Written by Ana Loibner, Global Mobility Chief of Staff & Women at Uber Global Board Member
This year marks the 111th year since the first International Women’s Day when more than one million women and men in Austria, Denmark, Germany, and Switzerland attended rallies to promote women’s rights to work, vote, be trained, hold public office and end discrimination. Since then, this day has served as a call to action to accelerate gender parity and a global day to celebrate the social, economic, cultural, and political achievements of women.
At Uber, we’re continuing our tradition of honoring the achievements of women, both past and present, and highlighting their impact on our communities and at our company. All week long, we’re hosting events centered around our theme, #powerofvisibility, and the principle that you can’t be what you can’t see.
In line with this year’s theme, our Women at Uber Employee Resource Group partnered with our Black at Uber and Veterans at Uber ERGs to host the first event of the week with a panel of diverse female leaders from across Uber globally showcasing the power of visibility. The panel was moderated by two intersectional leaders from Black at Uber and Vets at Uber, Lindi Vundla and Christine Stout.
As a woman that is still relatively early in her career, I found it valuable to hear wisdom and tactical advice shared by this senior group of women when it comes to finding my voice at work and increasing my visibility. Here are five key pieces of advice that really stuck with me.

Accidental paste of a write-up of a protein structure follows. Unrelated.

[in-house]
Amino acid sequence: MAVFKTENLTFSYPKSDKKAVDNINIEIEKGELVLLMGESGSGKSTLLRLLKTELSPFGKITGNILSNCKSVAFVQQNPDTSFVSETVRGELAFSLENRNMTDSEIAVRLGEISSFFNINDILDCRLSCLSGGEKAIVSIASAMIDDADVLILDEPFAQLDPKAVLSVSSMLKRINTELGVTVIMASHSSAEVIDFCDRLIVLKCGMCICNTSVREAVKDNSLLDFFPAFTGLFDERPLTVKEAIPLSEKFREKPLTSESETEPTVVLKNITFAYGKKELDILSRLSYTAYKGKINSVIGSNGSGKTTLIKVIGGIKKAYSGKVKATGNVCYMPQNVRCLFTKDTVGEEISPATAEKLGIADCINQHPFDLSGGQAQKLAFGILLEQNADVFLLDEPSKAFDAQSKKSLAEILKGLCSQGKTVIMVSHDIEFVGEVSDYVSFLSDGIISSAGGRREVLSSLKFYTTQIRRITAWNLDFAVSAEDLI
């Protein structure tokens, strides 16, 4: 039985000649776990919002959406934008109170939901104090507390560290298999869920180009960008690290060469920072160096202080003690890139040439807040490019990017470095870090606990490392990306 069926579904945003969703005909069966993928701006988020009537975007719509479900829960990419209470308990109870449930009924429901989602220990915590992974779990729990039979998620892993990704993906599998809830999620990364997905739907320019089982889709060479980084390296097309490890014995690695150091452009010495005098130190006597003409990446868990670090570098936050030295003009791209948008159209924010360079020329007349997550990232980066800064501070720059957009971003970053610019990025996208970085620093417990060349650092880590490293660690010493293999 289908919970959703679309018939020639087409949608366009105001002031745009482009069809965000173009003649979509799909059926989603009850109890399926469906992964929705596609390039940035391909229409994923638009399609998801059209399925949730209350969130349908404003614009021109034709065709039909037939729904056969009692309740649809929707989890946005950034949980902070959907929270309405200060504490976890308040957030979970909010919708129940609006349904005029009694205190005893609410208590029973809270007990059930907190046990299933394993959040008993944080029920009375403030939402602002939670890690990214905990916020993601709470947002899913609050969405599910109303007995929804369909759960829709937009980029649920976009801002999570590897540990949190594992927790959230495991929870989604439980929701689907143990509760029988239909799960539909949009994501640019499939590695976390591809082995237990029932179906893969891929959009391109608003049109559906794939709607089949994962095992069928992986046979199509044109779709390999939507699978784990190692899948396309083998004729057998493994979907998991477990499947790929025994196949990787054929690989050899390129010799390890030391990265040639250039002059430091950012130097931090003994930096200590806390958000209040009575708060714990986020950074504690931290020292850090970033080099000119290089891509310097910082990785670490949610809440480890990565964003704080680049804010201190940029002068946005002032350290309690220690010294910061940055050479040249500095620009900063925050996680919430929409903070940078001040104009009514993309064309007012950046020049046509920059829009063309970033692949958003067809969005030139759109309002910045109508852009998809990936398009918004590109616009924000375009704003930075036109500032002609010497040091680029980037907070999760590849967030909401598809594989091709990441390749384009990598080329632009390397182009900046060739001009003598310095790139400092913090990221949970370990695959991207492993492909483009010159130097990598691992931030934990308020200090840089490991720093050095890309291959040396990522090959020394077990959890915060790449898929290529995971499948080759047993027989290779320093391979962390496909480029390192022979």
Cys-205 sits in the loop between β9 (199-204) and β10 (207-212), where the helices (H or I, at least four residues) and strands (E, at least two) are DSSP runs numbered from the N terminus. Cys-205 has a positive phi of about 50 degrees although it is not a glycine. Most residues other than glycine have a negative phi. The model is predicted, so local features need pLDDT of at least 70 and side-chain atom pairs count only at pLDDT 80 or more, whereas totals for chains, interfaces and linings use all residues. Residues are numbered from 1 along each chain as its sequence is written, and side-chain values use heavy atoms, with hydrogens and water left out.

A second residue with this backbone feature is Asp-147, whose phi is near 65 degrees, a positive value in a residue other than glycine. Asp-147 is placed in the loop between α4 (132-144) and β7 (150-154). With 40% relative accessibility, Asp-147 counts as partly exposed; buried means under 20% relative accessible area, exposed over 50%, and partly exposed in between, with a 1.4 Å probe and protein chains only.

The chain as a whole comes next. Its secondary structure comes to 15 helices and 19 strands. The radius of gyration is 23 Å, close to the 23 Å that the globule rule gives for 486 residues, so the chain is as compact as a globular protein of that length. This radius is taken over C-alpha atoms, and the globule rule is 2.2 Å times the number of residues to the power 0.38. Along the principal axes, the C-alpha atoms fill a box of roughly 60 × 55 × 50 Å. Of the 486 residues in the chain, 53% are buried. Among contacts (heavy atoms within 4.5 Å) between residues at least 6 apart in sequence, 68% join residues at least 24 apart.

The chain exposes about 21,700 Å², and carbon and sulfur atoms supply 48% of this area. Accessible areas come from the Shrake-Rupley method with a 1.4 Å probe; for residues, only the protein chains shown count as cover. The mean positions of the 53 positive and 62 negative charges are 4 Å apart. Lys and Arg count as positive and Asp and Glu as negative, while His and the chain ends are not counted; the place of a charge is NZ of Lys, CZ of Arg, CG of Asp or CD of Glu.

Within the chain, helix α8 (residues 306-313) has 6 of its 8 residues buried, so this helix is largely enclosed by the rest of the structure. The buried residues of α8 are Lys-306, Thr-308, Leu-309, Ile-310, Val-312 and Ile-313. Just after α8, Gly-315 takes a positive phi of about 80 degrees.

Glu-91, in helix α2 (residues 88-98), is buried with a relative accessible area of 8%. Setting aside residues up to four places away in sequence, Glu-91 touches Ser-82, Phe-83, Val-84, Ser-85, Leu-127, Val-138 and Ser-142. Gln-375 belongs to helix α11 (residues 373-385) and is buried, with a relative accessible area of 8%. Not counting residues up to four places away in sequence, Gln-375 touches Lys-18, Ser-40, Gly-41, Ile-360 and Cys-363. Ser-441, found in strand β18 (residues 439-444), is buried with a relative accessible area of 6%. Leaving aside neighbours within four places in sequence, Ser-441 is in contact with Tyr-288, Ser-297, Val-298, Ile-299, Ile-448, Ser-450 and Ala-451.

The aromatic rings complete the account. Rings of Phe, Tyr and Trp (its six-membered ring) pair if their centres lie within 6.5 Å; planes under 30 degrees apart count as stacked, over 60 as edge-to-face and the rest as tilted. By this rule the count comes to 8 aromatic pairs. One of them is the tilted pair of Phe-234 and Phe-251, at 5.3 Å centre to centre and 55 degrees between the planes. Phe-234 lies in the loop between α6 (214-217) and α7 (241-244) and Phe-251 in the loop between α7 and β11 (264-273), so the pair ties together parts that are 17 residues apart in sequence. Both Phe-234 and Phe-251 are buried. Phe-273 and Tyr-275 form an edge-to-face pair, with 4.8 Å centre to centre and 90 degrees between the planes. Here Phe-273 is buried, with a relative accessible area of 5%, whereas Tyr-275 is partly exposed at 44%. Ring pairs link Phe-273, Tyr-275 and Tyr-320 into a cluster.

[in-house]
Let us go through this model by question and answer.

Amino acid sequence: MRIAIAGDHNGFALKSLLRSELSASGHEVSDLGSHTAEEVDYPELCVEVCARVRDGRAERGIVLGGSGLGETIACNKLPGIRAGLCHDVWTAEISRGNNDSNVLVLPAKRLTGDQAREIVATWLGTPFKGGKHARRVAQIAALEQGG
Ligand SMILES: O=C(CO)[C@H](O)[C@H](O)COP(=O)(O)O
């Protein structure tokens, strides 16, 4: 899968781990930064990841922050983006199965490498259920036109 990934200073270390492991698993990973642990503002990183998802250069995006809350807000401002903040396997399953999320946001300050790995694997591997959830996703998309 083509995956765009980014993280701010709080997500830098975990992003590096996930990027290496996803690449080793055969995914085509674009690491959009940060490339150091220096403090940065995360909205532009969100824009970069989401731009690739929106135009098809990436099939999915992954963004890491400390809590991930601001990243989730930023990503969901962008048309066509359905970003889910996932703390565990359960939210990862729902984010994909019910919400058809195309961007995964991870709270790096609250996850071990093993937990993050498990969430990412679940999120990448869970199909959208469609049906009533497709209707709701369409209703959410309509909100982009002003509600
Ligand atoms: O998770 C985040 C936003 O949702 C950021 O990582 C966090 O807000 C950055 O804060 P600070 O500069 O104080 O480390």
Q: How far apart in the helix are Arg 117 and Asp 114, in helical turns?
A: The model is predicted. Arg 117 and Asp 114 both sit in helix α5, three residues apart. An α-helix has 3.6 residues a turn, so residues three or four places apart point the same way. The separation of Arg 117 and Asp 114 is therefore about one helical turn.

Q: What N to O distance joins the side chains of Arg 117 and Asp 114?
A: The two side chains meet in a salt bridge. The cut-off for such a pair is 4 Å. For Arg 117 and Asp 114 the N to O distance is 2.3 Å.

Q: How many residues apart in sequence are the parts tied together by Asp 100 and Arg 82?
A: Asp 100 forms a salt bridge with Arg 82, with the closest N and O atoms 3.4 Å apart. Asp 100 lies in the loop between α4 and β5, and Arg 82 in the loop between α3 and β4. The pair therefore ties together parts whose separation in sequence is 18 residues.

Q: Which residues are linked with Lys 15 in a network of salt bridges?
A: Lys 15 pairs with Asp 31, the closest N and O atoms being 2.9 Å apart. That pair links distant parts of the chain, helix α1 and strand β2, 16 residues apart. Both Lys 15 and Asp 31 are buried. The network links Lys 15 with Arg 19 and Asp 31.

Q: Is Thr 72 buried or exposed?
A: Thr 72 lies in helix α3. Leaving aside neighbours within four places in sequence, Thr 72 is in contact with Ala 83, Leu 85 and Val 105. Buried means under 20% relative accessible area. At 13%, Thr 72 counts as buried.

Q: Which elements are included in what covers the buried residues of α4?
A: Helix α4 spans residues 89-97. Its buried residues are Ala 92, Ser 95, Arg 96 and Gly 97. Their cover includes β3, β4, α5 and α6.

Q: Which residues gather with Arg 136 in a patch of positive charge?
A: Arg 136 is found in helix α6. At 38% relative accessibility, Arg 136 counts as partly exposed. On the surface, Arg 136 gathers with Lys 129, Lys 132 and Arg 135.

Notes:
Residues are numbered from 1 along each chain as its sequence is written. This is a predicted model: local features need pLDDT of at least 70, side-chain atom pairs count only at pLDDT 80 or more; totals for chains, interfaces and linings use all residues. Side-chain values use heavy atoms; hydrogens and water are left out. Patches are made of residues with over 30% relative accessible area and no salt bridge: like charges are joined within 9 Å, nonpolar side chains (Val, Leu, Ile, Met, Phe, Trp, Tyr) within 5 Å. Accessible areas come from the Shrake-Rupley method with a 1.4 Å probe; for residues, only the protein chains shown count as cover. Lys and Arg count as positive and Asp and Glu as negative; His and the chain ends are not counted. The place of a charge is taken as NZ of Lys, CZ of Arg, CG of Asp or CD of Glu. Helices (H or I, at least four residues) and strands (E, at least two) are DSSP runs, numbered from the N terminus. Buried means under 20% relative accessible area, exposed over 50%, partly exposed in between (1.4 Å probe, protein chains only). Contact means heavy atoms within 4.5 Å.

Before any meeting with multiple stakeholders, be well prepared so you can clearly articulate your thoughts. Come prepared to share your own point of view with the audience. If you have to present, practice out loud so you can hear how you sound. Preparation ultimately gives you the confidence to be seen.
“Preparation gives me the confidence that I have something worth people’s time and I know how to impart it succinctly and with influence.”Ruby Zefo, Chief Privacy Officer
Understand the bigger picture
Think about the big picture business objectives and how you are contributing to them. Understand why your job and function exist and then hone in on your value and contribution so that you can drive the narrative around that. Intentionally find the spaces, forums and individuals for which the work you are doing is relevant. Put the work you do in those terms of the bigger company objectives to help drive your visibility.
“What are the top level company OKRs and how are you contributing to those? What is your grain of sand in that big picture?”Carolina Corral, Director, Head of Regional Safety LATAM
Ask for help
Be very intentional with your development. Reflect on what you need to improve on and find sponsors or mentors that will help you achieve your goals. Make those development points you are working on part of your everyday life and use your support system to keep you accountable.
“Ask the people that you admire and you feel are better than you in those areas where you are trying to improve yourself for their support. It really helps.”Saskia de Jongh, Sr. Director, Regional General Manager, Uber Eats APAC
Be your authentic self
Be comfortable with who you are. There is no cookie cutter mold of who you need to be. You don’t have to act like a man to be successful in what you do. It is okay to be vulnerable. Develop your own style and gain confidence in that.
“It is okay to be tough sometimes and it is okay to be vulnerable sometimes. There is no one right approach. You have to be authentic to what works for you.”Tatiana Morrell, Director, Community Operations
Use physical gestures and verbal cues
When you are talked over in a meeting, use physical gestures or verbal cues to take the conversation back. Here are some tactical tips you can try from Ruby: raise your hand (physical or zoom hand), stand up and walk around which brings the eyes to you, and if on video, put your point in the chat.
“What is most important is not to give up. Even the Supreme Court justices had to figure out a way to stop the men from speaking over them, and we can too.”Ruby Zefo, Chief Privacy Officer